Nipah Virus claims life of a 12-year-old, 20 others serious

Strict lockdown imposed up to a distance of 3 kilometres from Mavoor, the area of residence of the boy who died due to the Nipah Virus

While preparations are going on to tackle the probable problems the world would be facing after the approach of the third wave of Covid-19, another terror strikes Kerala. This time it is the Nipah Virus which has claimed the life of a 12-year-old boy on September 2, 2021. The 12-year-old was undergoing treatment from September 1 at the Medical College at the Kozhikode area in Kerela.
 The structure of the Nipah virus cell
Image: The structure of the Nipah virus cell
Kerala Health Minister Veene George said that more than 188 people are suspected of carrying the virus but out of these 188 primary contacts, 20 have been hospitalized and are undergoing treatment. It was informed that a strict action plan has been formulated to contain the spread of infection in the State.
The HeS-sG recombinant Antigen as subunit vaccine used against Nipah and Hendra virus is currently in clinical development as an emergency vaccine countermeasure.
Strict lockdown has been imposed up to a distance of 3 kilometres from Mavoor, the area of residence of the boy who died due to the Nipah Virus. It is to be noted that earlier in 2018, the Nipah Virus claimed 17 lives in Kozhikode.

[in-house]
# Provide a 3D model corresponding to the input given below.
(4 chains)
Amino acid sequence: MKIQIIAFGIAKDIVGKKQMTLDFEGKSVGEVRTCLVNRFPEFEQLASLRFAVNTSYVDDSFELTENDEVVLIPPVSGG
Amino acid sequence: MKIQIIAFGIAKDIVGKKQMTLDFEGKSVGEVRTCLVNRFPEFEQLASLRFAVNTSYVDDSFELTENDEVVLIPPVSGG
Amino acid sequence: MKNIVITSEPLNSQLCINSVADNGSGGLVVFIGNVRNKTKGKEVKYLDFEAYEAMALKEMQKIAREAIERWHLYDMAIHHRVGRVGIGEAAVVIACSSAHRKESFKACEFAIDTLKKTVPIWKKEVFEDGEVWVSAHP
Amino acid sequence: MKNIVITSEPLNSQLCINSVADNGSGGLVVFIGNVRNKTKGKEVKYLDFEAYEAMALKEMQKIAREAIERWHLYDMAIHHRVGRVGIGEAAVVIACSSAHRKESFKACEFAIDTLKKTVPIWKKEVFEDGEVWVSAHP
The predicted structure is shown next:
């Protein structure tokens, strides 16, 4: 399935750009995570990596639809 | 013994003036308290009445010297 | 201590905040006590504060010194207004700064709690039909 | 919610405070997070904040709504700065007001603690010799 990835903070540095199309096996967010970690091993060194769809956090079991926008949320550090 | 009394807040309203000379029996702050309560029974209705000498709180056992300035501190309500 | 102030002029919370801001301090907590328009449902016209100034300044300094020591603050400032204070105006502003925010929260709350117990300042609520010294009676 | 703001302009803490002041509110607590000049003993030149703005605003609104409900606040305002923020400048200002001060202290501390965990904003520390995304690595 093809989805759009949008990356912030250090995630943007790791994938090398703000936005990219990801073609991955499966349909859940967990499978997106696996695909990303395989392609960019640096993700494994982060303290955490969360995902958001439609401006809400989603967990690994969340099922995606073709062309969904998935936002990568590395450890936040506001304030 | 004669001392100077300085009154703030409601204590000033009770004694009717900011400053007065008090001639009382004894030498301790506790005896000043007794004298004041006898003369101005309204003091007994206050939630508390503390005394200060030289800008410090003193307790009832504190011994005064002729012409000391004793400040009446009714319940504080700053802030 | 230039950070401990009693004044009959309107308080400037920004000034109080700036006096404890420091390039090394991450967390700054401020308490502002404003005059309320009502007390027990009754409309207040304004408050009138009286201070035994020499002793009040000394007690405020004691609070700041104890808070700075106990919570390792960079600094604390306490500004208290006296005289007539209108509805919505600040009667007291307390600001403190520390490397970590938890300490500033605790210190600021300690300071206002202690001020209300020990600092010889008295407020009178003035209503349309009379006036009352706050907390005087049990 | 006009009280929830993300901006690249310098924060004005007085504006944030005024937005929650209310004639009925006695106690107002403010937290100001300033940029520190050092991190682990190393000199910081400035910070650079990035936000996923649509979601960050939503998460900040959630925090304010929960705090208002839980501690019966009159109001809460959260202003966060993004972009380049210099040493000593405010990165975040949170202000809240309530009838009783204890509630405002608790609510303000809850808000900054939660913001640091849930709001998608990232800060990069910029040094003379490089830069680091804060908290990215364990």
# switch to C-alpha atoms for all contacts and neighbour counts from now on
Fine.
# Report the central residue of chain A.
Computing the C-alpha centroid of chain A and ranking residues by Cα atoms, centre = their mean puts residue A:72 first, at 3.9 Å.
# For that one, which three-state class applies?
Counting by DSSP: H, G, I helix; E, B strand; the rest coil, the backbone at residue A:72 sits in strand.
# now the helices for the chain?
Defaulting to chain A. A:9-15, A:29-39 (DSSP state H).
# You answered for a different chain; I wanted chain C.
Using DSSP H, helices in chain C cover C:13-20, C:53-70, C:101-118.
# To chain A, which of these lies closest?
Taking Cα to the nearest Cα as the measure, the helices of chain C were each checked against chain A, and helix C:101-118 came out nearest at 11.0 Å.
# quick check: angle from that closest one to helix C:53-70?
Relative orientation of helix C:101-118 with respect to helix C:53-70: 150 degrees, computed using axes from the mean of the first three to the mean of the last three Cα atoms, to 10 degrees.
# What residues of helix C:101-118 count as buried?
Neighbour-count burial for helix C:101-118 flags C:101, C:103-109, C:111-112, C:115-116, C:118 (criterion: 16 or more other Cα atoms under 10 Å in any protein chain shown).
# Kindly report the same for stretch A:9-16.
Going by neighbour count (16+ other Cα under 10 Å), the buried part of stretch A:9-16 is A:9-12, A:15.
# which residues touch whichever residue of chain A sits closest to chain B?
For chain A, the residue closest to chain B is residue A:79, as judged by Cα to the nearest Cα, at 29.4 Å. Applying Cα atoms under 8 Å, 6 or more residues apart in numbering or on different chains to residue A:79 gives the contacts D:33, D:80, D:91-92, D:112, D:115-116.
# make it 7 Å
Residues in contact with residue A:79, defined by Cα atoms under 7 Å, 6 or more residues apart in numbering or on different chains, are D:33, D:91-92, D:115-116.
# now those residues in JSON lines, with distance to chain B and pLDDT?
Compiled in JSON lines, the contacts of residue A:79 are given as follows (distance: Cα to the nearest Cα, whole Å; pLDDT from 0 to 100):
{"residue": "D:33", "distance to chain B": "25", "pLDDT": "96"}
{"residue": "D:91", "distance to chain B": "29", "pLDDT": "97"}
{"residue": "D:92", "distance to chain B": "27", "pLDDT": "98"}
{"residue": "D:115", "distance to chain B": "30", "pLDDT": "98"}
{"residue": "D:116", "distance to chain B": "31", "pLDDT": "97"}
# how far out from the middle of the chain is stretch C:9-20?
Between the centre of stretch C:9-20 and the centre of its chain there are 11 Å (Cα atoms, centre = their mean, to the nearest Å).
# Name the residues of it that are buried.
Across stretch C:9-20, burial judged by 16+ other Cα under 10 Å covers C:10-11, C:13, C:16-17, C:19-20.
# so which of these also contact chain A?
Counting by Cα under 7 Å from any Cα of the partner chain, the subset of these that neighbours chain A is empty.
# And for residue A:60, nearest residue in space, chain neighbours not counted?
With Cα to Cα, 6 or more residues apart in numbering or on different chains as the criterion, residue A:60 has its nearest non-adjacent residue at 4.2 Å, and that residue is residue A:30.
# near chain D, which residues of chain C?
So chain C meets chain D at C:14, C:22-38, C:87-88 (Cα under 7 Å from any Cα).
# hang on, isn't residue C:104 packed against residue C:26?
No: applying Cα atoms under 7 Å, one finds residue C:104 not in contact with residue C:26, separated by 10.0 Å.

The scientific name of this deadly virus is Nipah Henipavirus and it is a bat-prone virus. This virus is commonly occurring in South and Southeast Asia. One infected with this virus might show symptoms like fever, headache, cough, sore throat, difficulty in breathing and vomiting. This deadly virus causes fever and encephalitis (or inflammation of the brain) leading to seizures and coma. The lucky ones who survive might be accompanied by pneumonia for their entire lifetime.
A representative image showing the spread of the virus
Image: A representative image showing the spread of the virus
As per a study carried out in associations with the scientists at the Johns Hopkins Bloomberg School of Public Health, the Nipah Virus is more likely to be transmitted from a person to the one who is older, or a male or someone have breathing issues. The Nipah virus is detected in the saliva and excreta of bats and remains alive for up to three days on the fruits partially eaten by the bats. The virus does not survive in the air for a long period, so it cannot spread for a considerable distance through it.
The HeS-sG recombinant Antigen as subunit vaccine used against Nipah and Hendra virus is currently in clinical development as an emergency vaccine countermeasure.



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